With less than three weeks to go until the 69th Cannes Film Festival kicks off on May 11, organizers have set the jury that will fill the panel under President George Miller. Along with the Mad Max: Fury Road helmer, a group of four women and four men from international backgrounds will decide the winners of this year’s Palme d’Or and other major prizes.
They are: French director/writer Arnaud Desplechin; American actress Kirsten Dunst; Italian multi-hyphenate Valeria Golino; Danish actor Mads Mikkelsen; Hungarian director/writer Laszlo Nemes; French actress and singer Vanessa Paradis; Iranian producer Katayoon Shahabi; and Canadian actor Donald Sutherland.
The festival said today that it has “always sought to adopt a universal and international approach, and in tune with this tradition, George Miller will be surrounded by eight luminaries of world cinema.”
The selection is an interesting bunch, from newcomers to veterans. Nemes had his first film debut in Competition last year. Son Of Saul went on to win the Grand Prix as well as the Golden Globe and Oscar for Best Foreign Language Film. Sutherland has been in four competition films since 1968, most recently with 1989’s Lost Angels. His second time in the selection was in 1970 with Robert Altman’s Palme d’Or winner M*A*S*H.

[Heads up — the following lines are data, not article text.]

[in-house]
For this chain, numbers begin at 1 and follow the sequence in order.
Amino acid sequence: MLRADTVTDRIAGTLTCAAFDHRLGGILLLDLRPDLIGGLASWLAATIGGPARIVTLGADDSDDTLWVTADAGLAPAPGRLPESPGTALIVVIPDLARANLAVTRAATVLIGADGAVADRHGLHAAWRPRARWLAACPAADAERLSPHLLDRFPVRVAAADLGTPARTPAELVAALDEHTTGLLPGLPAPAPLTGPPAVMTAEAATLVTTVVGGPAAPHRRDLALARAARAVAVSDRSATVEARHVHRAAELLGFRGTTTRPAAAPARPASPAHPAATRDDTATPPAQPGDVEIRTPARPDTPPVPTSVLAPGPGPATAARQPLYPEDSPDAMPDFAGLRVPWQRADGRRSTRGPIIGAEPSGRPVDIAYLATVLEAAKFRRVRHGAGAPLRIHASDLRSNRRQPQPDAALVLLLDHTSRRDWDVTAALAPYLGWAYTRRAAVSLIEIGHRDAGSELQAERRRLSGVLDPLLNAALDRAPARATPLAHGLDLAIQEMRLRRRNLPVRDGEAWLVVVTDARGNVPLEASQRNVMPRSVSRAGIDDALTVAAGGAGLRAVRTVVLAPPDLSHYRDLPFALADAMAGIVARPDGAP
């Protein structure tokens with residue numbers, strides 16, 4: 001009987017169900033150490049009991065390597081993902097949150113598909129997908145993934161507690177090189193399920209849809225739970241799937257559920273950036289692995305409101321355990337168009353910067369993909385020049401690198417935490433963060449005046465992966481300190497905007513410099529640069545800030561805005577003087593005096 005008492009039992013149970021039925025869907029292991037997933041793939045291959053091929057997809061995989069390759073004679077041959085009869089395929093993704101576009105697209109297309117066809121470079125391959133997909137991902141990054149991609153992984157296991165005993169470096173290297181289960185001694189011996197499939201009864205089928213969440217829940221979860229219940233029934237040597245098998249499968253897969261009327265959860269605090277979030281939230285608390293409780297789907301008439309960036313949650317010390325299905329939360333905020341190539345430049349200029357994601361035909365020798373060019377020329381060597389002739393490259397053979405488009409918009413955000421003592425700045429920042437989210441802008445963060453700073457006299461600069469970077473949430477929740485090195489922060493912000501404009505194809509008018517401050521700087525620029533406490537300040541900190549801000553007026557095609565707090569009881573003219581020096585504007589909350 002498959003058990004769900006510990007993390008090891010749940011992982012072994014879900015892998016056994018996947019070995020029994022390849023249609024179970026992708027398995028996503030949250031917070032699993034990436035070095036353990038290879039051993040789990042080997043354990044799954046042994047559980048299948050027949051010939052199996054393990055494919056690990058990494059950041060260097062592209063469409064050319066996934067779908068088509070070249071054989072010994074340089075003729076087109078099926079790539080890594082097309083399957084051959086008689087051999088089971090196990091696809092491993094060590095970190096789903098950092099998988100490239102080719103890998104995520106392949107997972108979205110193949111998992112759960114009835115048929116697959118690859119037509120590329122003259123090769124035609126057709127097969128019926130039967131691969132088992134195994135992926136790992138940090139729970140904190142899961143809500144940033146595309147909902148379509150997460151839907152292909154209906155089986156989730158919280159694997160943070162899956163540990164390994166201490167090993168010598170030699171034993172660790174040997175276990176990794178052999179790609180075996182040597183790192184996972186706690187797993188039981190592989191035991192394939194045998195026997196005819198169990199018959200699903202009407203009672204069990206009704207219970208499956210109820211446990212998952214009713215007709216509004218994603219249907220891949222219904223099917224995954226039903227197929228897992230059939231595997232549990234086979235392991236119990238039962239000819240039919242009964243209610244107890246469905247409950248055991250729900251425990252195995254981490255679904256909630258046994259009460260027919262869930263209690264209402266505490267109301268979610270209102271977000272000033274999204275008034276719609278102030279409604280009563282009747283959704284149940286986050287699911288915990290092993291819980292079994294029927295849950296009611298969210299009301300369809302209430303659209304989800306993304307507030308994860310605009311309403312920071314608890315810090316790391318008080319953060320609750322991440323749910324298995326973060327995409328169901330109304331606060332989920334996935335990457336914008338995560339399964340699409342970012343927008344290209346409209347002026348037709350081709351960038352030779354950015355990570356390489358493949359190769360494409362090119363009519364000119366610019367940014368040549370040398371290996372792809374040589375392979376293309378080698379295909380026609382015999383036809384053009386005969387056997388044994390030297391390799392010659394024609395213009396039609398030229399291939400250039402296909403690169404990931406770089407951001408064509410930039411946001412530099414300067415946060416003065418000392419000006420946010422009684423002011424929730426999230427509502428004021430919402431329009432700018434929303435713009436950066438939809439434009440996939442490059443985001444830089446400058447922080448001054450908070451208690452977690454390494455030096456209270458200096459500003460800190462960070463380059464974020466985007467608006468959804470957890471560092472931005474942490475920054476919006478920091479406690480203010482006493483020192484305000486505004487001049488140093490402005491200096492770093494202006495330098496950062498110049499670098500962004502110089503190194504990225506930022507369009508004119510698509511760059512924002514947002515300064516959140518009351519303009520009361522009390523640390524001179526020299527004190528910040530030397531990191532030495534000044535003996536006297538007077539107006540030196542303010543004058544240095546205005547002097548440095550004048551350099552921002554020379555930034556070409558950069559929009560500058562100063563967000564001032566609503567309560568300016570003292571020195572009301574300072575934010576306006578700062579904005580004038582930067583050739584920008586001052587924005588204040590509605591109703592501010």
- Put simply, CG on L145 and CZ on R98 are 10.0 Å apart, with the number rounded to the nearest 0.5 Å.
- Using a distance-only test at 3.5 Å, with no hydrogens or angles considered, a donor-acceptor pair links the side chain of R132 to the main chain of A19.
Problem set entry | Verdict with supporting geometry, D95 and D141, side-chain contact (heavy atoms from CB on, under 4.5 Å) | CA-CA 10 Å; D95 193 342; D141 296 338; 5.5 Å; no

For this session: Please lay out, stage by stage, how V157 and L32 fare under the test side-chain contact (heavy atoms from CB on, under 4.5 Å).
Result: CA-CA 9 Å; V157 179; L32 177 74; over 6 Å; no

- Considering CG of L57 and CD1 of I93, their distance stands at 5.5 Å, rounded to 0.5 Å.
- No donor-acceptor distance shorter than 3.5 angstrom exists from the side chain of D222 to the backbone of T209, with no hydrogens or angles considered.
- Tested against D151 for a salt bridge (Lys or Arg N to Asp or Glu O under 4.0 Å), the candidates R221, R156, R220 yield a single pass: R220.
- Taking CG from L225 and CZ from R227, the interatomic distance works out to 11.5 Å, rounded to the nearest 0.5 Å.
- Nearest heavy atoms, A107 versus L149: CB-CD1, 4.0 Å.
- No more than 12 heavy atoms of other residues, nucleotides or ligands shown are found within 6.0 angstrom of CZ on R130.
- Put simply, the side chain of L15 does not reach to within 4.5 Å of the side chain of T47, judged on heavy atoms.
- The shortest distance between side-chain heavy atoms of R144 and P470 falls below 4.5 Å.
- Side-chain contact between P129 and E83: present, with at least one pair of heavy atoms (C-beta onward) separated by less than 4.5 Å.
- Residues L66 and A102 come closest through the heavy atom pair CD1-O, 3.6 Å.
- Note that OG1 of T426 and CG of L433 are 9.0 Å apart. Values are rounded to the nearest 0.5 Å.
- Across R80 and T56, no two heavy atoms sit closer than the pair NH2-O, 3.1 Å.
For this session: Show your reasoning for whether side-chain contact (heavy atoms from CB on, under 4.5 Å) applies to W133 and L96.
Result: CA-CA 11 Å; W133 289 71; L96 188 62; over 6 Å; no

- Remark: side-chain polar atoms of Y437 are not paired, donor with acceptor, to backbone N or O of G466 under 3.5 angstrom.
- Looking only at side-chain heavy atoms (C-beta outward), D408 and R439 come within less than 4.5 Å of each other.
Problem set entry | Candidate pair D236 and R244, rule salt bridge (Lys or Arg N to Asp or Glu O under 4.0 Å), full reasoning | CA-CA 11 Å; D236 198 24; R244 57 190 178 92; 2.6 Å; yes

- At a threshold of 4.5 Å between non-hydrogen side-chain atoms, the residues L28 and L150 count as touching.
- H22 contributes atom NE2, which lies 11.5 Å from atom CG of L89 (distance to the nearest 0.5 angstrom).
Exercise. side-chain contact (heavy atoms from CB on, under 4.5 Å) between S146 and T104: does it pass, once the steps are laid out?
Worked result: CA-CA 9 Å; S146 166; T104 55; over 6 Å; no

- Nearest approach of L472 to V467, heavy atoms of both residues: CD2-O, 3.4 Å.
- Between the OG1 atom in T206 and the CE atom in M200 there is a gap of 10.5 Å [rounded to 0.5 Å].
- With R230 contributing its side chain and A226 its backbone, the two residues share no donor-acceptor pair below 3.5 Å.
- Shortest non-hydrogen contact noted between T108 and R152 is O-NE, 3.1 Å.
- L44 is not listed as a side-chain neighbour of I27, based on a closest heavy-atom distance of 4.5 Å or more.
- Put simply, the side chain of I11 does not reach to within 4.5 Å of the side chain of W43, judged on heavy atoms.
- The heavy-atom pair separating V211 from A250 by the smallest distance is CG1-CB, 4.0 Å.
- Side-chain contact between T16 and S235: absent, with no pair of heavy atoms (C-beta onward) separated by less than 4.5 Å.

Desplechin, a five-time Palme d’Or contender, famously saw his last film, My Golden Days, screen in Directors’ Fortnight last year despite many expecting it in the Competition.
Dunst was in 2006 competitor Marie Antoinette and won the Best Actress Award in 2011 for her performance in Lars von Trier’s Melancholia. Mikkelsen
won the Best Actor award in 2012 for Thomas Vinterberg’s The Hunt (2012).
As director, actress Golino’s debut effort, Miele, screened in the Un Certain Regard selection in 2013, and received the Prize of the Ecumenical Jury.
French darling Paradis has previously acted in such films as Patrice Leconte’s Girl On The Bridge, Pascal Chaumeil’s Heartbreaker and Jean-Marc Vallée’s Café De Flore . Shahabi’s Noori Pictures was behind 2015 Un Certain Regard selection Nahid by Ida Panahandeh.
There are 21 films in Competition with winners to be announced at the Closing Ceremony on May 22. In a break with tradition, as fest chief Thierry Frémaux announced during the unveiling of the lineup on April 14, the film awarded by the Palme d’Or will be screened that same evening, rather than a separate closing night selection.